Moldavite belongs to the gem category known as “tektites”–they are the only known gems to have fallen to earth from the sky. Moldavite–which gets its name from Europe’s Moldau River Valley, where it was first discovered–has been used in tools, talismans and jewelry over the millennia. Knowing the properties and history of moldavite can help you distinguish the real thing from a fake.
Examine the stone’s color. It should be a dark, almost mossy-colored green. If the stone you’re looking at is a brighter, more vibrant shade of green, it may be an emerald instead of moldavite. If the stone you’re examining isn’t green at all, then it definitely isn’t a real moldavite.
Look at the stone’s structure–we’re talking about the physical composition of the stone. While many gemstones, such as quartz, have a crystalline structure, moldavite does not. In fact, it is classified as having an “amorphous” structure–“amorphous” literally means “without shape,” meaning moldavite may grow in several shapes or patterns.
Consider the stone’s texture. Because of its amorphous composition, real moldavite is difficult to process into a completely smooth, glassy surface. If the gem in question is the right color, but is as smooth and polished as a piece of bottle glass, it may be a fraud.
Examine the clarity of the stone. Just as it is hard to polish moldavite into a smooth surface, it is also difficult to find a real moldavite that is completely clear throughout. Real moldavite is made of silica, but often studded with impurities such as iron and magnesium that can make it less clear than a stone such as diamond.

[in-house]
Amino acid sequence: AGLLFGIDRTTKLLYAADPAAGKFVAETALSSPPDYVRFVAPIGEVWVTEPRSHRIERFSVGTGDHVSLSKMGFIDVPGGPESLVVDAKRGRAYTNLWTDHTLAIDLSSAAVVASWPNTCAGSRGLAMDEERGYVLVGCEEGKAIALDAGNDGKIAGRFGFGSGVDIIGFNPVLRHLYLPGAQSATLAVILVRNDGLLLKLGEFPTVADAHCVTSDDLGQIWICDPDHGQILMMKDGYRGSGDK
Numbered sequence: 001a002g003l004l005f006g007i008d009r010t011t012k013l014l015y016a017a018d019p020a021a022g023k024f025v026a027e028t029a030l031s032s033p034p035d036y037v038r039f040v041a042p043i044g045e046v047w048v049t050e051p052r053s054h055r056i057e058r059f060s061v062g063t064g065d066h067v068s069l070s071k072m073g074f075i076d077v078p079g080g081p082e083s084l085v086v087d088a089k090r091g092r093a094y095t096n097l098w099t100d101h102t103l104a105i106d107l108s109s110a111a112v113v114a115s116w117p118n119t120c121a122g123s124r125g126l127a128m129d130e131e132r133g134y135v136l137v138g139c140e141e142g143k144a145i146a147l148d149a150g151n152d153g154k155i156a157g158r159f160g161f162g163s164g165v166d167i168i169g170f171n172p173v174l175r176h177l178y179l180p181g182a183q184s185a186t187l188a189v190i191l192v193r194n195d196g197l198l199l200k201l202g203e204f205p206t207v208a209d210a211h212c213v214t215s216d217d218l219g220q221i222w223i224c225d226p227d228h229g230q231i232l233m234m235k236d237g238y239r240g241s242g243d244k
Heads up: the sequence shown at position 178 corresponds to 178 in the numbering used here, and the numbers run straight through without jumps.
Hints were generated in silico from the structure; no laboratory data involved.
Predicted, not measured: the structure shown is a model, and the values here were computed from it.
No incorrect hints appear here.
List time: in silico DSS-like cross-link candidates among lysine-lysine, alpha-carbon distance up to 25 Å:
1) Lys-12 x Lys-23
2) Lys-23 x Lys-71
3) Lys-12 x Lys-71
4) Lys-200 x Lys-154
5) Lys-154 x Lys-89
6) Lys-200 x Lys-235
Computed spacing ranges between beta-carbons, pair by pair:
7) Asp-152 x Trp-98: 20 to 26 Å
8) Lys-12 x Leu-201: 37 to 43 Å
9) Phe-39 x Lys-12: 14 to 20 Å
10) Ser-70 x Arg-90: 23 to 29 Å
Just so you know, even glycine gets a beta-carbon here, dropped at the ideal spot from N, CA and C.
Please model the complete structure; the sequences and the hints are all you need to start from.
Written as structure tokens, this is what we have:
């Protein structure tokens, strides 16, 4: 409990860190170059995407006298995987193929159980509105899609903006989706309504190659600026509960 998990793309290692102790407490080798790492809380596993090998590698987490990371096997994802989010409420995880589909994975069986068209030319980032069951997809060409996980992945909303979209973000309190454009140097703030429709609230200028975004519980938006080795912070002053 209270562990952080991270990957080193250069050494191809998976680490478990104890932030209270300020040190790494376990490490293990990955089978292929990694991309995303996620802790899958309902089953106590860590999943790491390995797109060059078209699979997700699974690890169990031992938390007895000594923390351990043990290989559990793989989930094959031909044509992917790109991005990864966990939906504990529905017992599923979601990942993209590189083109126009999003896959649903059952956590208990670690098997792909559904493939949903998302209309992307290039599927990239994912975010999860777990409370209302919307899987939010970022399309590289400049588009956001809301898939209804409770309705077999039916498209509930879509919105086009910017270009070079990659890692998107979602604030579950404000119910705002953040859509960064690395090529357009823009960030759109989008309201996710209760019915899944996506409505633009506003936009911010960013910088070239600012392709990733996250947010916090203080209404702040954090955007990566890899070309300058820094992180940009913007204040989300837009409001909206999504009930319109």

Ask the seller where the stone is from. Moldavite, as stated in the introduction, is a tektite found only in Europe’s Moldau River Valley, located in what is today the Czech Republic. If the seller claims the stone was mined anywhere but this region, it is almost definitively a fake.
See whether the moldavite easily scratches or dents (warning: this may permanently alter or damage the stone). Real moldavite has a hardness rating of 5.5 on the Mohs hardness scale, the standard scale for measuring gemstones. A diamond has a hardness rating of 10, meaning it’s virtually impossible to scratch; comparatively, a real moldavite is vulnerable to scratches and dents and must be handled with care.
References and ResourcesAustralian Museum: Tektites
Moldaven: What Is Moldavite?
Mohs Hardness Scale: Mineral Hardness